I had the good fortune of being in NYC last week when Ishmael Beah '04 and Professor Dan Chaon celebrated an evening of Oberlin mentorship. I had read Ishmael's book (A Long Way Gone: Memoirs of a Boy Soldier) when it first came out, and heard him speak when he came back to Oberlin to do a reading. But this is the first time I heard about his process of actually writing the book.
I found myself chuckling out loud when Dan recalled Ishmael telling him there would be "dark" moments in writing the book, but Dan claims he has a dark sense of humor so he thought he could handle it. Turns out the subject matter was more than Dan expected, so he could only read a bit of Ishmael's writing at a time. I don't think Dan expected the atrocities that would be revealed to him from the same student who believes in the possibility of things changing for the better. I can only imagine the trust developed between the two to share this story.
I learned how Ishmael found his publisher and that he was not pleased when it was suggested that he cut out a lot of the stories about his grandmother. I laughed when Ishmael revealed that he used to sit in the dining hall with his back to the wall, planning his escape route should the need arise. Of course Oberlin College is a far way from the jungles of Sierra Leone, so I'm pleased to report that the escape plan was never needed.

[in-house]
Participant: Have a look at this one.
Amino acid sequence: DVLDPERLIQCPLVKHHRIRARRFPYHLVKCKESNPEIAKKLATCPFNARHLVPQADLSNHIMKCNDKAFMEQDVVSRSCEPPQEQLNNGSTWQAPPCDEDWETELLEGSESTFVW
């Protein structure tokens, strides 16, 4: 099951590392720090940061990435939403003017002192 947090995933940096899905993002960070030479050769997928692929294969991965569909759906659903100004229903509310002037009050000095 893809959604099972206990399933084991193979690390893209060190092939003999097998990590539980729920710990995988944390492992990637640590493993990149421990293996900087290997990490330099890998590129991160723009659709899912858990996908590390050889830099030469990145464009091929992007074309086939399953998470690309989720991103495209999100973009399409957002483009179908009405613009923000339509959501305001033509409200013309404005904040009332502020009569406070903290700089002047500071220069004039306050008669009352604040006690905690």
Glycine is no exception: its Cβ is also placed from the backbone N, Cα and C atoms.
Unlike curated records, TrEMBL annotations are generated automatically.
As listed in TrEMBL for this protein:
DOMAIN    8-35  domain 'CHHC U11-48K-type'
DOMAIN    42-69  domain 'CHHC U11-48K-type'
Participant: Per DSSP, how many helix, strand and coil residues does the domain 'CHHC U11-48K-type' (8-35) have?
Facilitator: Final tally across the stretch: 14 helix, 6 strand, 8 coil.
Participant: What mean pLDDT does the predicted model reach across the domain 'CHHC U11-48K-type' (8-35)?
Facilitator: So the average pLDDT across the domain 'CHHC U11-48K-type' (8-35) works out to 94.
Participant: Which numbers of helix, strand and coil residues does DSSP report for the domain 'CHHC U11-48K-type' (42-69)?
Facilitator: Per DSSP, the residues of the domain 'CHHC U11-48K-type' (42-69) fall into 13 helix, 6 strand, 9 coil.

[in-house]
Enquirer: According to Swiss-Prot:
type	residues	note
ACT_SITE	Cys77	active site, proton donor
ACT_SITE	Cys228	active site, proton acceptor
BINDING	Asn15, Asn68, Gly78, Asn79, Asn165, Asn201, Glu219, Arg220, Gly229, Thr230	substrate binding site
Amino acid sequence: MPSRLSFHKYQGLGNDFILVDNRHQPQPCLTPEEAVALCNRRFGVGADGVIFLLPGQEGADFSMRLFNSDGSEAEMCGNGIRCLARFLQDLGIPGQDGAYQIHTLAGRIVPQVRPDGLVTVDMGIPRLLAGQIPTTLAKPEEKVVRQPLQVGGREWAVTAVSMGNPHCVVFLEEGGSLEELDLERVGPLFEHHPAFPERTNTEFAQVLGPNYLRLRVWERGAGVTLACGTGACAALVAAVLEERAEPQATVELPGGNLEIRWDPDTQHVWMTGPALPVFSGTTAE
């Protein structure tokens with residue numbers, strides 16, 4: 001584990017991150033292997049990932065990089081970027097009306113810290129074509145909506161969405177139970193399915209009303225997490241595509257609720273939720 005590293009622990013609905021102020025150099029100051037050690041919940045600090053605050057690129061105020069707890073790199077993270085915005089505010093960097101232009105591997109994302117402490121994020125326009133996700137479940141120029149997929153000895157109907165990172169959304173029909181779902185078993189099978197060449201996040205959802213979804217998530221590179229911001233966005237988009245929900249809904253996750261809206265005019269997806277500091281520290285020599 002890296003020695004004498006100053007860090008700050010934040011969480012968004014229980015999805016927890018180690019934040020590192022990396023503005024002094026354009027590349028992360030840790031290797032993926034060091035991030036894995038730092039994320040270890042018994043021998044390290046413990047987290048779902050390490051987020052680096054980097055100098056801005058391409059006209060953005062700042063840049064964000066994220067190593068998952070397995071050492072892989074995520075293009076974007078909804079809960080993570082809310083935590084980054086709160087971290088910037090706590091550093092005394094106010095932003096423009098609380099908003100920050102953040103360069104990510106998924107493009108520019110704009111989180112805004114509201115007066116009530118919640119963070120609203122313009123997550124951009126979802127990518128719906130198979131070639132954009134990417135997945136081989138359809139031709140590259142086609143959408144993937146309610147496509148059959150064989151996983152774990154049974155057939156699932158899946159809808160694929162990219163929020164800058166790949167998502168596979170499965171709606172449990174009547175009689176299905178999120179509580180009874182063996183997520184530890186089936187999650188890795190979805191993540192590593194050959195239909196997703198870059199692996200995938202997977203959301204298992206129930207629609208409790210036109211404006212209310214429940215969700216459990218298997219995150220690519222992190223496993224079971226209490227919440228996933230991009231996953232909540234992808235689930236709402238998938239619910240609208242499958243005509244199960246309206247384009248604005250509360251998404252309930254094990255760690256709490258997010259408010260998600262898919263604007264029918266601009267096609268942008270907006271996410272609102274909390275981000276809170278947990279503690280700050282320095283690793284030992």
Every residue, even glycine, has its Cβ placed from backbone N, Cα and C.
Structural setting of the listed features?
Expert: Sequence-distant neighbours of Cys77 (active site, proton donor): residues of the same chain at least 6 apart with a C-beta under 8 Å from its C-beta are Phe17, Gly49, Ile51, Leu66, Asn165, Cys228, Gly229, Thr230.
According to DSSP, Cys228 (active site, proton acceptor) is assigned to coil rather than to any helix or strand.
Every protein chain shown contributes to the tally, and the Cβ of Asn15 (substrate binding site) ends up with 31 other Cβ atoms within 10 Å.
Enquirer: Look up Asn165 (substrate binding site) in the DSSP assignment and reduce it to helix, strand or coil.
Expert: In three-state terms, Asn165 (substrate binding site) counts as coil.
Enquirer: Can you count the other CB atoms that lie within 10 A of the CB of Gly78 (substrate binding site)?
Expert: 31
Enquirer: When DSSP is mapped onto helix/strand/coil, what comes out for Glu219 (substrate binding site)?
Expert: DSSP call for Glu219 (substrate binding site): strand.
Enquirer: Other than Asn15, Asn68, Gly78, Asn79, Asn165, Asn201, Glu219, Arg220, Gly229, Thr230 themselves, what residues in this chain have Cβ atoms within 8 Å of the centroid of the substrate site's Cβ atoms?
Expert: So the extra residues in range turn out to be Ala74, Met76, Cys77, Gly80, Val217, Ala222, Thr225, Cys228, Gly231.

It's clear that Ishmael and Dan have developed a deep bond over working on the book, and I feel very privileged to have been able to listen to them speak. I know that I speak for the over 200 alumni in attendance that this was a night to be proud of the Oberlin mentor relationship as it played out in front of us as well as offering hope for the future and for future Obies.
For those of you who haven't read A Long Way Gone: Memoirs of a Boy Soldier, I hope you'll take the time to read the book that Jon Stewart (The Daily Show) said made his heart hurt. It is moving and disturbing, but in the end hopeful, and rejoices in regaining our humanity.